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In the midst of an extremely difficult financial environment for healthcare organizations, Yale New Haven Hospital has continued to put any money it earns right back into patient care, President Richard D'Aquila said during his latest open forum video.

But cuts to state reimbursements and the growing hospital tax are prompting YNHH to find alternate ways to save and invest money to fulfill its commitments to excellent care, destination hospital programs, community engagement and workforce stability.

"If we were an organization that was cutting or eliminating staff, that would have a negative impact on patients and a negative impact on the people who are part of our organization," he said. The video, the second of four this year, is being shown at hospital departments' quarterly staff meetings.

In the video, D'Aquila discussed three components of YNHH's finances: the budget, payments to the hospital and operating margin and investments. Most of the budget – 83 percent – is spent on patient care, he said. While concerns have been raised in the media about pay for hospital leaders, executive compensation, including benefits, accounts for less than 1 percent of YNHH's budget.

In discussing payments to the hospital, D'Aquila noted that the state and federal governments' reimbursements to the hospital for the care of Medicaid and Medicare patients do not cover the hospital's costs. Payments from private payers such as insurance companies help make up for those reimbursement shortfalls.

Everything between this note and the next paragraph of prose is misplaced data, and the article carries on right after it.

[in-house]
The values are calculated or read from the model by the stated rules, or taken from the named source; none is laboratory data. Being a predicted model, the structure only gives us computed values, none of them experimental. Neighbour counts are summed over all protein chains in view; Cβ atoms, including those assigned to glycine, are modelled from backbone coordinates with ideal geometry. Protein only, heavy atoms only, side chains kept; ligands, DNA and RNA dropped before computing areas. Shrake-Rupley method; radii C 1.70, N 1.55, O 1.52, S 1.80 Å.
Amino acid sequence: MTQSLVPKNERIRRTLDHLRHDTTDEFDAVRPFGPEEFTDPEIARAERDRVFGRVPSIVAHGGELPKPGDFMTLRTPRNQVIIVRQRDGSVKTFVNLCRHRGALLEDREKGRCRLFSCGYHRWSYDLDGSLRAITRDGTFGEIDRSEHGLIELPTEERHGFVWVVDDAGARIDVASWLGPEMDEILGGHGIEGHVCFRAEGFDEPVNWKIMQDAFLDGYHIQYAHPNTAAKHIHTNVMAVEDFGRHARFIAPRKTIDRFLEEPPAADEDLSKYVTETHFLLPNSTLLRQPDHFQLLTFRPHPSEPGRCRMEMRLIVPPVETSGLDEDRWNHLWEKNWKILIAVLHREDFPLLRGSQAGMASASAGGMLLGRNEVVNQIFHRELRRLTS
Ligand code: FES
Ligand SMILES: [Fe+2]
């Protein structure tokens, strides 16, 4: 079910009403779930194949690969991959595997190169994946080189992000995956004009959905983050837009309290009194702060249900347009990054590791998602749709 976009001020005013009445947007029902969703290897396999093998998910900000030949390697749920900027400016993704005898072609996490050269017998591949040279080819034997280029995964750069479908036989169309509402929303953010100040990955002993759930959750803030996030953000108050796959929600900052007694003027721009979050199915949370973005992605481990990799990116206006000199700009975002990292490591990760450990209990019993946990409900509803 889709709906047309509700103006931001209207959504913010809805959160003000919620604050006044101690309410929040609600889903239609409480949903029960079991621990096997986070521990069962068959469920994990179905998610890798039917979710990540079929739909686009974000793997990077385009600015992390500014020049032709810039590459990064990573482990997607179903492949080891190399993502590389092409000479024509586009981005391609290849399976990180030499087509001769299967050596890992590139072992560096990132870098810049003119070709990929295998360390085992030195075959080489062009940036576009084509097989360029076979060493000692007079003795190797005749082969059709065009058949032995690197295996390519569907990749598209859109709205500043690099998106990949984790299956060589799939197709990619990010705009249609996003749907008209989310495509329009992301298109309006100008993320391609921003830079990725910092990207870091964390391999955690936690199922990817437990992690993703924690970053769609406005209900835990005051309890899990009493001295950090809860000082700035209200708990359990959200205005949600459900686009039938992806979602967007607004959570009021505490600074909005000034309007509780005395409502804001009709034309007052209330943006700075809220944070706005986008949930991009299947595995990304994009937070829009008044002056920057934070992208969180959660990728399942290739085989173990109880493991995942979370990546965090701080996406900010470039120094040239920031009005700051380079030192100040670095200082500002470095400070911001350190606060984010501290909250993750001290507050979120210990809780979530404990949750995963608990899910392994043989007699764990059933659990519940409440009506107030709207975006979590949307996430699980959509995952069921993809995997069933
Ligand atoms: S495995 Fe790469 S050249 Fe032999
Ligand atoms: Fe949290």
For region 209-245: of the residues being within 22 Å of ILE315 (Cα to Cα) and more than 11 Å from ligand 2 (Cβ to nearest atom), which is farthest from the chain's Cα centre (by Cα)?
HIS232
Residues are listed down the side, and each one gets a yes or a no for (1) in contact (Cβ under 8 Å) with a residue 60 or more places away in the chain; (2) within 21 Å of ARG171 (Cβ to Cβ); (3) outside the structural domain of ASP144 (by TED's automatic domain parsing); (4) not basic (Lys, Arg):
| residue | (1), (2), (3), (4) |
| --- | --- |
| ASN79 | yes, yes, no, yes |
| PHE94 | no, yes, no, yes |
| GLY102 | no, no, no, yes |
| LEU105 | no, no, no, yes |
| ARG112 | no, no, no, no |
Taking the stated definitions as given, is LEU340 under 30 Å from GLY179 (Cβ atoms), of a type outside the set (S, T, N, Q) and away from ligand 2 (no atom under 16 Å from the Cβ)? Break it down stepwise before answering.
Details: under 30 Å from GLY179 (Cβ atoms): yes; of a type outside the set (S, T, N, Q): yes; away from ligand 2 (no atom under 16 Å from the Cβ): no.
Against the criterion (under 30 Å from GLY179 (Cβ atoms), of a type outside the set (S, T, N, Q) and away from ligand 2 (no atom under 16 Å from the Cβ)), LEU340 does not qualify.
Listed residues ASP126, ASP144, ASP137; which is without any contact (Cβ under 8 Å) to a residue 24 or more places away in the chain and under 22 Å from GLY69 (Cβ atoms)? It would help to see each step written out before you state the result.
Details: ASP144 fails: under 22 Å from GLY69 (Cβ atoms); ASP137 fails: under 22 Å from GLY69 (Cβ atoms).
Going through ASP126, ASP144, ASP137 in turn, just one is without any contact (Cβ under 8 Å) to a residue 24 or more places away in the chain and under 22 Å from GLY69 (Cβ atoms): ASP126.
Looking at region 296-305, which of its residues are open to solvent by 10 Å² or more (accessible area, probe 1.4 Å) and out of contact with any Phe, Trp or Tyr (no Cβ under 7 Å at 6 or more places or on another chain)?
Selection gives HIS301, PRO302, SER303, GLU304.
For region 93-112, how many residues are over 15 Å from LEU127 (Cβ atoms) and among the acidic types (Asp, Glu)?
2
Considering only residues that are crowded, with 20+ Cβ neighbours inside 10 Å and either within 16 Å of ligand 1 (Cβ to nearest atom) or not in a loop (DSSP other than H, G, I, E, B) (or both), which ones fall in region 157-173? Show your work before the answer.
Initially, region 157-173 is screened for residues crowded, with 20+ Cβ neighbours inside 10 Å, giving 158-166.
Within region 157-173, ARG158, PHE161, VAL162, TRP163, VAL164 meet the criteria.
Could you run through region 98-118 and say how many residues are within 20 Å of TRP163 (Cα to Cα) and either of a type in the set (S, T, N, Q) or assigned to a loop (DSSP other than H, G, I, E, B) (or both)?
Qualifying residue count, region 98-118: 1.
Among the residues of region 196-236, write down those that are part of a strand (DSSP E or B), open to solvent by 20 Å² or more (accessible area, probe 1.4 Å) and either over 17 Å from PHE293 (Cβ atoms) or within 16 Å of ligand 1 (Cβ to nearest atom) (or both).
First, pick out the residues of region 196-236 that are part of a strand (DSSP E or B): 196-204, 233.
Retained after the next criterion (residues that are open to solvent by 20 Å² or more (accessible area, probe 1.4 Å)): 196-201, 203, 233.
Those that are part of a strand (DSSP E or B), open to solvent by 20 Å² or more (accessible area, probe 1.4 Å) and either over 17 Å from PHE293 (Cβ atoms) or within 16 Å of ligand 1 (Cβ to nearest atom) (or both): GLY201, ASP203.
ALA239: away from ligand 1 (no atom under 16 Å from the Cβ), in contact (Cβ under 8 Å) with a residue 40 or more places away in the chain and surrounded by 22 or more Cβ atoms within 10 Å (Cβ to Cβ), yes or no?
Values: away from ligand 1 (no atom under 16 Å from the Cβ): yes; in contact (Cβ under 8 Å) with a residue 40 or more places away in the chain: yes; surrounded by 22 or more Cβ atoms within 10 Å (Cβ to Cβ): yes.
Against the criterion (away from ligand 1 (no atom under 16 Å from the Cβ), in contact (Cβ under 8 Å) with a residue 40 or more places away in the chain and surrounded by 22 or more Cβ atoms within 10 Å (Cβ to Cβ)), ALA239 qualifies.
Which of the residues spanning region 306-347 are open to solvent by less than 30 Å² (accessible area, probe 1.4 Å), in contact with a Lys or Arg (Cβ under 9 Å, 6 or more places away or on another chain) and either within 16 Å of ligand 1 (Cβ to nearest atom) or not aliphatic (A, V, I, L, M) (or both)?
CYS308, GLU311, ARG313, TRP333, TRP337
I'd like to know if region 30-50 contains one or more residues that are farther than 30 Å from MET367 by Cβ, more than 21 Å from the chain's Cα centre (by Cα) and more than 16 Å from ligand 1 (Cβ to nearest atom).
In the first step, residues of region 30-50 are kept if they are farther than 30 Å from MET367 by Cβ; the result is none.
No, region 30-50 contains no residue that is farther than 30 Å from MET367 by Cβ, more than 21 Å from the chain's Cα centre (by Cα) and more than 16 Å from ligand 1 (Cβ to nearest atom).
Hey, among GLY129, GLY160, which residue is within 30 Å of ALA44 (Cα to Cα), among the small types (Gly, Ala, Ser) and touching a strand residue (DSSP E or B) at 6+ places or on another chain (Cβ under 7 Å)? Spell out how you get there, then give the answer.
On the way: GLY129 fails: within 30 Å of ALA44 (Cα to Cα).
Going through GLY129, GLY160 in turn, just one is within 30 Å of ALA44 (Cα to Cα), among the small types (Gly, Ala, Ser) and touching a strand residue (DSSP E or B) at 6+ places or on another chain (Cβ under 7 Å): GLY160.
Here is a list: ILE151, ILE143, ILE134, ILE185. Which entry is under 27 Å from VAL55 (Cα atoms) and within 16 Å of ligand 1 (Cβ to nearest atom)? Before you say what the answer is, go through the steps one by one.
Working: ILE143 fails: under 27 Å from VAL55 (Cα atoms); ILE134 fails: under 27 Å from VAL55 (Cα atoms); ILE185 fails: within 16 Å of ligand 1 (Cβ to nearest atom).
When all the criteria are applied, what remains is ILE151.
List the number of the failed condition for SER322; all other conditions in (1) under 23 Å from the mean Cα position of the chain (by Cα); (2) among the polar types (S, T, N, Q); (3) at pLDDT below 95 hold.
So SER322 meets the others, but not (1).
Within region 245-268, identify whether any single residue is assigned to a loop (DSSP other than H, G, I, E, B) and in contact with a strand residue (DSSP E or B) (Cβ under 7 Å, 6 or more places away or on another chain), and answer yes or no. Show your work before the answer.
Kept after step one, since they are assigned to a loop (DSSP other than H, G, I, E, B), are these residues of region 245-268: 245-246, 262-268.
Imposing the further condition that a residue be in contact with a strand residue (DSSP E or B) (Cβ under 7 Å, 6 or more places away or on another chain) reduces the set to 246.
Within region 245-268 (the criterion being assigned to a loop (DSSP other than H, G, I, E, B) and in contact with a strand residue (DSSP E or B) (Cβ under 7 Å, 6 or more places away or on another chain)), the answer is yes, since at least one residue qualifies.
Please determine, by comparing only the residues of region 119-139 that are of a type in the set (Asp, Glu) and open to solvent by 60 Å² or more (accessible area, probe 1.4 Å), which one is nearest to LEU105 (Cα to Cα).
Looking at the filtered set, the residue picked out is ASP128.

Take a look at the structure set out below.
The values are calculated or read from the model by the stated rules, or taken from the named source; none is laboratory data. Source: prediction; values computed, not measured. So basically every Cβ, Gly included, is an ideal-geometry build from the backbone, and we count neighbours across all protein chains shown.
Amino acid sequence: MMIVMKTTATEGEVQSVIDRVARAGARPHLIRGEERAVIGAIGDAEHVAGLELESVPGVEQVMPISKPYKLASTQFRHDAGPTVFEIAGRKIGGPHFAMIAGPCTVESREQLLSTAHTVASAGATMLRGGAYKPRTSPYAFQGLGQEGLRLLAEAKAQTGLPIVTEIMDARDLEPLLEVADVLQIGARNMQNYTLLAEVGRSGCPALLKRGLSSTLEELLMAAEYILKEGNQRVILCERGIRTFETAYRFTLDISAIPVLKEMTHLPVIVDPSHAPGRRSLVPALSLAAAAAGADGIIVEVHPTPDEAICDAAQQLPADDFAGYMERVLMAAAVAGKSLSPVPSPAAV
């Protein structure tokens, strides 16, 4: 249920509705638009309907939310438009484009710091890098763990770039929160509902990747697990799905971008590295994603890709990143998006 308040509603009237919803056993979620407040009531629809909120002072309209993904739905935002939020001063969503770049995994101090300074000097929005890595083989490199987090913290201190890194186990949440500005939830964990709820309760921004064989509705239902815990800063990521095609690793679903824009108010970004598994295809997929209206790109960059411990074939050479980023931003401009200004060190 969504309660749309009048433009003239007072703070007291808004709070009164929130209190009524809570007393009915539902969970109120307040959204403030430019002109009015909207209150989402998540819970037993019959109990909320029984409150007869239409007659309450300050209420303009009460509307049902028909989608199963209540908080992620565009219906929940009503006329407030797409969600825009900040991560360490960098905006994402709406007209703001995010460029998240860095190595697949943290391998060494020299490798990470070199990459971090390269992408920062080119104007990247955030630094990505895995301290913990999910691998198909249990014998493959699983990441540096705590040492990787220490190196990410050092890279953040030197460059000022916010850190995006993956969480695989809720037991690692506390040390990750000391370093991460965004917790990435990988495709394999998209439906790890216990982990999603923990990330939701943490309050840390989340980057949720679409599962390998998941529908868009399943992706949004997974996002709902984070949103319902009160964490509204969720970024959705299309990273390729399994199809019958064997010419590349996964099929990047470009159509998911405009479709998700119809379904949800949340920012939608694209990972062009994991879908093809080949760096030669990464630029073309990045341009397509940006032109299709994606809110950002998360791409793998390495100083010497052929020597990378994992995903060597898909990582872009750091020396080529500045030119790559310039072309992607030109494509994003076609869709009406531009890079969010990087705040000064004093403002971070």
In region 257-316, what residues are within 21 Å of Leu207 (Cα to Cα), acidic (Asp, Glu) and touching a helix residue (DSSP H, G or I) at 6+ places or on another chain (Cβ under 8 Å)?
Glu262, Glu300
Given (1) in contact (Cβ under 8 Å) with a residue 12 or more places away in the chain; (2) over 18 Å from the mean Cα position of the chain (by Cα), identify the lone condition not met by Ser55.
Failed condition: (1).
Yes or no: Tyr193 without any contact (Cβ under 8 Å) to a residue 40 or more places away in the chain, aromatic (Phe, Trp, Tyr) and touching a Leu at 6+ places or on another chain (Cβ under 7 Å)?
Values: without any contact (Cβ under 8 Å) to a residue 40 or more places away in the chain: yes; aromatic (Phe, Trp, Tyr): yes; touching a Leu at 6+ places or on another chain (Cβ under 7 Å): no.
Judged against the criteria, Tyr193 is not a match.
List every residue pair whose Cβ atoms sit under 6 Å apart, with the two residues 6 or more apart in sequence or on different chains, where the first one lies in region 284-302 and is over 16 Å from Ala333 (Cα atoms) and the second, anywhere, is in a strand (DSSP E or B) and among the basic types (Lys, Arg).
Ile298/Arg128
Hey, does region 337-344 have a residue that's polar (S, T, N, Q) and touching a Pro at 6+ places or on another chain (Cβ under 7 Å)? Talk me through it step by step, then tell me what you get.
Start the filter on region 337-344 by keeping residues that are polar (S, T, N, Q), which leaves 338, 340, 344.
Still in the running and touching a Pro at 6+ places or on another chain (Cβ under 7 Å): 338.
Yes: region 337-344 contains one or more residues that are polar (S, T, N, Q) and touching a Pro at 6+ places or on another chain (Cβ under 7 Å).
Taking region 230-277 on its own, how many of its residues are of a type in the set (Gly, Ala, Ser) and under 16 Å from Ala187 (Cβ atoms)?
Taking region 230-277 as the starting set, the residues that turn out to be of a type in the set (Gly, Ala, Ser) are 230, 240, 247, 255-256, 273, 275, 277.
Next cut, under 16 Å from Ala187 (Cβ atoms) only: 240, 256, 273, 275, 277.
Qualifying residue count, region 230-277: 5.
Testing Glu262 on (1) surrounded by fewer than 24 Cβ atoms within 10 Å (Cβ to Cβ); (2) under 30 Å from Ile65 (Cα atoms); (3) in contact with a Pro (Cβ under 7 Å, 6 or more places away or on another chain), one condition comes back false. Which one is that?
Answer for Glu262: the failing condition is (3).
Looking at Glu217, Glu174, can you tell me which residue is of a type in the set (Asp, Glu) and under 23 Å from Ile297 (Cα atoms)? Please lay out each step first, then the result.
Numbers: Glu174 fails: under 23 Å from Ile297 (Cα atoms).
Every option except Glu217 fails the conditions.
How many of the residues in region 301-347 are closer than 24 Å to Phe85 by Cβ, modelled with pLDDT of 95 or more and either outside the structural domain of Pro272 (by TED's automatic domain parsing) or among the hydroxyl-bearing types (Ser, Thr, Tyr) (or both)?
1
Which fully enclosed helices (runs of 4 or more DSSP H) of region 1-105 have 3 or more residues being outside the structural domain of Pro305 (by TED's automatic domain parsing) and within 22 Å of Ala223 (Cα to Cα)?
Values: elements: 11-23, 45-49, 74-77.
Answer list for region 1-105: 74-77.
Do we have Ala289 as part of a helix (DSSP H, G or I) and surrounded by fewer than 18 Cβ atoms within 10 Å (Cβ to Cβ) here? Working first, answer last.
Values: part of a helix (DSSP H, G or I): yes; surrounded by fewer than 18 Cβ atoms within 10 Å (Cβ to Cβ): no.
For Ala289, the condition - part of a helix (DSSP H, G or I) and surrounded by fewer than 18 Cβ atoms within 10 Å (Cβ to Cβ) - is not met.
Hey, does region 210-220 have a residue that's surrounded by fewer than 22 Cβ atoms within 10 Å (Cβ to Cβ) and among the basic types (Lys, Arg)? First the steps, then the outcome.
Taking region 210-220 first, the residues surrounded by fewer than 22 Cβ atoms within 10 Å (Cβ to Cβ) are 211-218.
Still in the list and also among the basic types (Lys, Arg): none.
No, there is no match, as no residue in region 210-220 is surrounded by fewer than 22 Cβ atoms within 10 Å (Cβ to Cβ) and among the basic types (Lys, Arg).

"We all pay for that cost shift," D'Aquila said. "It's not sustainable."

YNHH's growth, cost and value activities and programs such as clinical redesign have also helped offset those reimbursement shortfalls and cover state tax increases. Despite being not-for-profit, Yale New Haven Health System is the biggest taxpayer in the state, D'Aquila said. Hospital tax increases and the state's cuts to Medicaid reimbursements will cost YNHH an estimated $514 million in 2016, up from $334 million in 2013.

Growth and cost-saving measures not only helped cover the reimbursement cuts and tax increases in 2015, they helped YNHH generate a $112 million operating margin. However, D'Aquila emphasized, while for-profit companies distribute profits to shareholders, as a non-profit organization, Yale New Haven reinvested all of its operating margin – and spent more – on new operating rooms, the Center for Musculoskeletal Care, Newborn ICU and other projects that enhance patient care. "We spend more than we take in," D'Aquila said. "Every penny of what we make is invested back into this organization."

D'Aquila ended with another key message for employees: Yale New Haven Health System is the third largest employer in Connecticut, and Yale New Haven Hospital's more than 12,000 employees positively impact the economy in Greater New Haven.

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